Nov 20 2008
08:21 am

I was looking at this Metro Pulse article about a house on Sevier Ave. that the City wants to take by eminent domain to build a roundabout for access to new condos on the river. I thought, that house looks familiar. Sure enough, it's the house I grew up in.

My parents bought it around 1956 when I was a little over one year old after renting for a while up the street on Sevier Ave. I think I remember them saying they paid about $5000 for it. It was the first house they ever owned. My Dad added on a space at the back where my Mom operated a neighborhood beauty shop for about 30 years before she retired. It was also convenient for my Dad, who worked at a downtown office which is no longer there of course.

I think the guy who owns it now is someone I knew from South High. He says the city is offering $96,000 and he thinks it's worth $180,000. I don't know about that, but all those houses along there have a lot of potential if the South Waterfront plan ever develops beyond the condos on the river.

It looks like the roundabout could be moved across the street to replace the screwed up intersection they built for the JWP project, or the next block over on Island Home and it would take some empty and/or less desirable properties. But those all happen to be owned by 531 Corp.

Anyway, this is very sad.

P.S. I remember specifically looking up this property on the maps and project diagrams presented at the public workshop wrapup presentation. The house was still there and I don't recall any roundabout.

UPDATE: The Mrs. and Rachel (in comments) both say I am mistaken about the roundabout. But the Mrs. notes that the property (lot 11) was still there as you can clearly see in this map:

(Source: This PDF at the City's project website.)

rikki's picture

My recollection from the

My recollection from the meeting a couple months ago is that there was a good bit of regrading associated with the roundabout, with Lincoln St being raised several feet. I believe the siting of the roundabout had a lot to do with the topography. Right now, there is that funky little uphill turn before you make a left onto Island Home, and the roundabout would smooth things out a bit.

It was more the regrading than the asphalt that was threatening that house and maybe one other, as I recall. None of that makes it any less sad, of course.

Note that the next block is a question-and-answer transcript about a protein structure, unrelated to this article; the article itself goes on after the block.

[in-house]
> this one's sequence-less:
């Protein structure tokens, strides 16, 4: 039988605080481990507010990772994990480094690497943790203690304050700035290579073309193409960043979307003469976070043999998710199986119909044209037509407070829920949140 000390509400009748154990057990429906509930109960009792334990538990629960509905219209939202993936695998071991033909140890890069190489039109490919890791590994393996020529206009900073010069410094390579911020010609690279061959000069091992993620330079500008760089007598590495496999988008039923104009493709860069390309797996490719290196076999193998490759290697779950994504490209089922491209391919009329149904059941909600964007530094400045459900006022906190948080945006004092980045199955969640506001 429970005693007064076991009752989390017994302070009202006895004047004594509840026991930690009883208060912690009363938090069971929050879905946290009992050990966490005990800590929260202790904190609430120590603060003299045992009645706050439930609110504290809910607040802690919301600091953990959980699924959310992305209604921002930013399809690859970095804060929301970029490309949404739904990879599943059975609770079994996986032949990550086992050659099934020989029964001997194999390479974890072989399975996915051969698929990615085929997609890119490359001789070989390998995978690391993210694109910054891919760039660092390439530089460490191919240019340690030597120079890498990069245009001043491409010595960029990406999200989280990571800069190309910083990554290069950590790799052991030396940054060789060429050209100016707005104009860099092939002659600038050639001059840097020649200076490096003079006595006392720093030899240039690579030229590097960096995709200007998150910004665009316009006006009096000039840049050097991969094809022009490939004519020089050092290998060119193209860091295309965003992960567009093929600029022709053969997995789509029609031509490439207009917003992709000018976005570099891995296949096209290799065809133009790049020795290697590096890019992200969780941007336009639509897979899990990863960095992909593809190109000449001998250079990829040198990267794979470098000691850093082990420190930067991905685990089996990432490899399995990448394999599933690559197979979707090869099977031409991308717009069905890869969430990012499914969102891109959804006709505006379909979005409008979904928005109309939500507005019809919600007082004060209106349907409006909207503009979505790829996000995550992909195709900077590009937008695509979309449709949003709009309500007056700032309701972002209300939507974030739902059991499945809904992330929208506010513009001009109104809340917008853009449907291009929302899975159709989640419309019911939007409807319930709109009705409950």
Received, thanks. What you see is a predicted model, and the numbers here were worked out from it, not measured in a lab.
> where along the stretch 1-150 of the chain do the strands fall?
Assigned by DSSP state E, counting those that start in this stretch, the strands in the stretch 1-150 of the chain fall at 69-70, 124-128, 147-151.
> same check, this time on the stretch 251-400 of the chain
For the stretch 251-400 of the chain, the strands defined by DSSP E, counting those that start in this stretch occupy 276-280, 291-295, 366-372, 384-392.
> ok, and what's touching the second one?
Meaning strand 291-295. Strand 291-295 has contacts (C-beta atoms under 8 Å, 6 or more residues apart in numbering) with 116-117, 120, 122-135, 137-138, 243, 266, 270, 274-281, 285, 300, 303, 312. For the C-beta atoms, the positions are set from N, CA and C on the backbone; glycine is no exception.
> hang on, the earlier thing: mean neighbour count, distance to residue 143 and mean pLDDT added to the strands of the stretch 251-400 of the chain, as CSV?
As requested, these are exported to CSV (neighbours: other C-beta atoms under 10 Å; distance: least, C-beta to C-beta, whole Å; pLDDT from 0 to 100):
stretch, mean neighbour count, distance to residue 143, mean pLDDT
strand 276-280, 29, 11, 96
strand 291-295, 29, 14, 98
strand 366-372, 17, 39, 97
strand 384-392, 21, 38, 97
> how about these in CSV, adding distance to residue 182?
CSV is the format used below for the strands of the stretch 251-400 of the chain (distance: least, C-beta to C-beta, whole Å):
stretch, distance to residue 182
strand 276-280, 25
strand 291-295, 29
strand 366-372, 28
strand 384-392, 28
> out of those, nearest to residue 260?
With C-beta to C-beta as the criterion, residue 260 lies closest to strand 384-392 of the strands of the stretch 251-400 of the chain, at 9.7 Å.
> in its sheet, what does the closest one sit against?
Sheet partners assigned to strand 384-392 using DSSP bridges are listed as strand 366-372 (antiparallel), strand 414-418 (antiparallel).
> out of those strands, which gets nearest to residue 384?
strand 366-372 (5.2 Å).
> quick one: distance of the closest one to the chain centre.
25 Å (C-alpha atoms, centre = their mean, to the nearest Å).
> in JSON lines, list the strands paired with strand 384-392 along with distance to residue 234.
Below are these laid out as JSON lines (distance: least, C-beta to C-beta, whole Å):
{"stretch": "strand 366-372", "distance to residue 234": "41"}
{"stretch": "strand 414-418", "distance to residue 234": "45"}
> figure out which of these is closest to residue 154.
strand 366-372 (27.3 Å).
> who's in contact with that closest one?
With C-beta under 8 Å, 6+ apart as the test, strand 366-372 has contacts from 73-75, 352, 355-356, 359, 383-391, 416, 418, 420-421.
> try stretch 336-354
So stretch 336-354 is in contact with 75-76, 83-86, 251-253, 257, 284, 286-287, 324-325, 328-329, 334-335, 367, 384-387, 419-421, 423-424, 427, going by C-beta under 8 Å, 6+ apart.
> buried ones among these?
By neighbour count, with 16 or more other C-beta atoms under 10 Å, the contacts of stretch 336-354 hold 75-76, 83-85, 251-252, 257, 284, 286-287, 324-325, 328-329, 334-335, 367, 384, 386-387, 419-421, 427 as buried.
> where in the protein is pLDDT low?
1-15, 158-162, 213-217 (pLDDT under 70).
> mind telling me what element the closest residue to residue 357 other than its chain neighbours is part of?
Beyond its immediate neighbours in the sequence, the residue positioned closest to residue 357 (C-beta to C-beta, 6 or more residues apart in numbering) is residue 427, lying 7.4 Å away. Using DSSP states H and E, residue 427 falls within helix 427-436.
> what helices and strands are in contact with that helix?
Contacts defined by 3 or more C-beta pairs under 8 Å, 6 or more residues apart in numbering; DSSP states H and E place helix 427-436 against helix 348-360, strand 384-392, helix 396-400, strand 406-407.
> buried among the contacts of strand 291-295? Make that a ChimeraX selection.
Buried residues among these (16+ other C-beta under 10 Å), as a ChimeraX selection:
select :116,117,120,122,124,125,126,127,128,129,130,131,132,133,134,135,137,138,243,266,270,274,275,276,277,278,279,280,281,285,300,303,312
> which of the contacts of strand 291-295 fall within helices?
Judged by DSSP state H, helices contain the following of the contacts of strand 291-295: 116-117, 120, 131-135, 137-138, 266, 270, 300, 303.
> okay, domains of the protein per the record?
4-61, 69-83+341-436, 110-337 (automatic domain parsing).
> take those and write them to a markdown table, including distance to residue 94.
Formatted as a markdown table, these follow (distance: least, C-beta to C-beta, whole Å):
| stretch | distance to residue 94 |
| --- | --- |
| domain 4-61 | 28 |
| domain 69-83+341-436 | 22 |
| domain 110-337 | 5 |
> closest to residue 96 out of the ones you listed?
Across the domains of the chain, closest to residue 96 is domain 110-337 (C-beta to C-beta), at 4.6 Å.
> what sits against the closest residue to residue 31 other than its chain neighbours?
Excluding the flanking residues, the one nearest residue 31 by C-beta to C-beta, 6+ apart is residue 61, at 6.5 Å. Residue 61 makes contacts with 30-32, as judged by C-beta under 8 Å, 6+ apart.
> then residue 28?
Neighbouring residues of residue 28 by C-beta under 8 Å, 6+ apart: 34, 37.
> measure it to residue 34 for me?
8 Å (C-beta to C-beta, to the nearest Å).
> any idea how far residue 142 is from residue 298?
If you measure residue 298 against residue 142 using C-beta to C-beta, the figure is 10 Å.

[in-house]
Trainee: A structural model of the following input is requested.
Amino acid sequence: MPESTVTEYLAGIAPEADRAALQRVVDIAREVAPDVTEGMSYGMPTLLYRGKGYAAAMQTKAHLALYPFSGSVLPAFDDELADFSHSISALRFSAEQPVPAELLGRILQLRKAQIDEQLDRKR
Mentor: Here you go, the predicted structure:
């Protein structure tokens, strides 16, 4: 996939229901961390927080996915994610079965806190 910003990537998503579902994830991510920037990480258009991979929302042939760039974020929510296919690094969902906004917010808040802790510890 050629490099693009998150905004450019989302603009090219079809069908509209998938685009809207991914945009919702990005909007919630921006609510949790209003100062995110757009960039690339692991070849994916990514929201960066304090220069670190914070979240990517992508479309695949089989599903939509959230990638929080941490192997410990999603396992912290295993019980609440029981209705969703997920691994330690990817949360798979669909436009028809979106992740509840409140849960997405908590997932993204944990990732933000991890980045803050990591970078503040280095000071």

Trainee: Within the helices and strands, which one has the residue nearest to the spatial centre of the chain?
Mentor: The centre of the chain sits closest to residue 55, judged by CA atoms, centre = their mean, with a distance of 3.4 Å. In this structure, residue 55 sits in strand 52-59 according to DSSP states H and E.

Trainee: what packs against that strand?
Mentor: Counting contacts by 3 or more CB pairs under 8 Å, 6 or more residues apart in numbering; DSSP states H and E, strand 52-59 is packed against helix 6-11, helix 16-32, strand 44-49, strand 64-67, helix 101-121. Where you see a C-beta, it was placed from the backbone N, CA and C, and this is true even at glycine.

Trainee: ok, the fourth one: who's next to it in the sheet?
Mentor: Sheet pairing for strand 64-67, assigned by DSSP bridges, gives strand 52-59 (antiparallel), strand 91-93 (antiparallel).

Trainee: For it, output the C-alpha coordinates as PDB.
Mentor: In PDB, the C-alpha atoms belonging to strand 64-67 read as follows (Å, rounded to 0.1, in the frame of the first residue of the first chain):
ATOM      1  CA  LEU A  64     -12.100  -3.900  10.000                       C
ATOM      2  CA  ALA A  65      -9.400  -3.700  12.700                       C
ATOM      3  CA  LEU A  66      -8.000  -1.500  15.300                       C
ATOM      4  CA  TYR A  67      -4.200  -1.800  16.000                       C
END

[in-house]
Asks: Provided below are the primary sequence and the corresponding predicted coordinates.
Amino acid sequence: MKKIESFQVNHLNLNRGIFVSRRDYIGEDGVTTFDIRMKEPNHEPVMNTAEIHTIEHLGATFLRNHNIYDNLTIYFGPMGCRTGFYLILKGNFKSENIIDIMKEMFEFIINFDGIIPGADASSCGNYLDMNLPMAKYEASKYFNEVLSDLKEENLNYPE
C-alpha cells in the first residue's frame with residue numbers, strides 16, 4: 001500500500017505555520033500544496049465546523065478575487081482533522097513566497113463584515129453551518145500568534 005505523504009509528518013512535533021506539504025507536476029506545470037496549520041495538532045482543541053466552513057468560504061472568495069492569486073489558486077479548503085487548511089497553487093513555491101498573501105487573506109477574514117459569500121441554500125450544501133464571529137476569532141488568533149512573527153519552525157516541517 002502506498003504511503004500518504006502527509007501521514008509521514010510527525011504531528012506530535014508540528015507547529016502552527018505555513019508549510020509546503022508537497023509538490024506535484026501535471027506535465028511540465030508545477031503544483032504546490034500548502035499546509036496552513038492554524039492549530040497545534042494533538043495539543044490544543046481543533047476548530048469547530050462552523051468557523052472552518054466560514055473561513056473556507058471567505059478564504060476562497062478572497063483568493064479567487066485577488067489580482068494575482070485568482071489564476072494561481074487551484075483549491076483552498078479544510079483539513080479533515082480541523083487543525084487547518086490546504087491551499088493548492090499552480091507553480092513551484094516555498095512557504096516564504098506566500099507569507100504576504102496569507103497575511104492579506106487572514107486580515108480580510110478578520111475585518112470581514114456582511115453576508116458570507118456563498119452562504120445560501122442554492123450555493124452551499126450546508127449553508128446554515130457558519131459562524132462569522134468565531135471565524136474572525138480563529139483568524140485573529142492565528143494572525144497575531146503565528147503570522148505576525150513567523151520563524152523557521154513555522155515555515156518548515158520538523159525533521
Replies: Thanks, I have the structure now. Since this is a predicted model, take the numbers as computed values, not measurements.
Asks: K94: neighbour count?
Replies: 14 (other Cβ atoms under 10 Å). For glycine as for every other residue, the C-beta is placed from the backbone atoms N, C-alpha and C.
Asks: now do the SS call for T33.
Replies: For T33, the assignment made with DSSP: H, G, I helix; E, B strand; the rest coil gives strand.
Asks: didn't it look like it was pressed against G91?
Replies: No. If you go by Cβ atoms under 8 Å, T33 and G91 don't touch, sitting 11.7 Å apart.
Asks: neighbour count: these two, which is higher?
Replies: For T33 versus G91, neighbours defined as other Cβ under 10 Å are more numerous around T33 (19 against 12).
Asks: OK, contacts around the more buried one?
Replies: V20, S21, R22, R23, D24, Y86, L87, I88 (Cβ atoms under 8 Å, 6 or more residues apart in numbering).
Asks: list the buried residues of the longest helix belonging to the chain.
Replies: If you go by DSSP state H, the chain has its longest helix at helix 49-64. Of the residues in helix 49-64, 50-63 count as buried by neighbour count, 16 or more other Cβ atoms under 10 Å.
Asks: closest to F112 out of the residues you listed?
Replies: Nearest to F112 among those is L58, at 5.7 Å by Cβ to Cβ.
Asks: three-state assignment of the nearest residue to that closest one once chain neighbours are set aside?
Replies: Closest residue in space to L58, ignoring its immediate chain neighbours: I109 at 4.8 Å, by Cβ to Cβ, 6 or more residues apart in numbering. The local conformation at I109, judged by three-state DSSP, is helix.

Rachel's picture

The roundabout has been in

The roundabout has been in the plan for quite some time, along with another at the end of the Gay Street Bridge.

R. Neal's picture

Rachel, you are correct. I

Rachel, you are correct. I remember the one at the Gay St. Bridge but not the one at Sevier/Island Home. The Mrs. looked it up, though, and the house/lot appears unaffected, which I distinctly recall because that was the first thing I looked for in the presentation drawings/maps on display. (See update to the post.)

jbr's picture

What happens to the Kerbela

What happens to the Kerbela temple one the South Waterfront is done? Was there ever a thought about putting a road thru where the Temple is now and connect it with the road that runs behind Shoneys? Pedestrian/bike friendly.

Up Goose Creek's picture


Oh my, I'd always thought your home was the one west of the white victorian. I never really noticed the one to the east because it is sheltered by trees. It is an extremely cute house. Who knew it had historical significance as well?

Diana C. told me some time back it would be taken for the roundabout but gave the impression the city would have it moved. Dave hill has talked from time to time about moving homes to preserve the neighborhood character. Now is an opportunity for the city to put its money where its mouth is.

"Whoever corrects a mocker invites insult; whoever rebukes a wicked man incurs abuse."

D Hill's picture

We might be able to move it, but no decisions have been made....

The roundabout has been shown for quite some time, and is included in the SW Vision Plan, adopted in April 2006. It is also true that the corner lot (#11) was also shown. There are 3 constraints working against us - grade differences, drainage concerns, and the Gulf & Ohio RR crossing to the south. We have looked at several alternative alignments, and all of them caused more problems than they solved. At this point, moving the house is still an option, although I'm unsure if the owner is willing to consider this.

We have spent considerable time trying to avoid removal of any structures. In the case of Barber Street between Phillips and Langford, we have eliminated some improvements to avoid getting too close to existing residences on either side. For the Sevier/Lincoln corner, we were not as fortunate in trying to find a solution. Condemnation continues to be considered an option of last resort, but we also knew (and ackowledged publicly) that some tough decisions would have to be made.

I still hope we can move the house. Sorry for sending an unverified e-mail (forgot my password).

Dave Hill

R. Neal's picture

I'm going to seek National

I'm going to seek National Register of Historic Places protection for the South Knox Bubba home place. Heh.

edens's picture

National register, actually,

National register actually won't do you much good (Most of the Fort, for example, was listed on the National Register sometime in the eighties). National Register really only allows access to rehab tax credits and makes TDOT or other agencies using Fed money jump through a few more hoops before tearing something down (the city, in this case, would probably have to add a few pages to the project's EIS). Private developers can still do whatever the base zoning allows.

Historic Overlay Zoning, on the other hand...

Frankly, as I've stated in the past, both should probably be a part of South Waterfront strategy.

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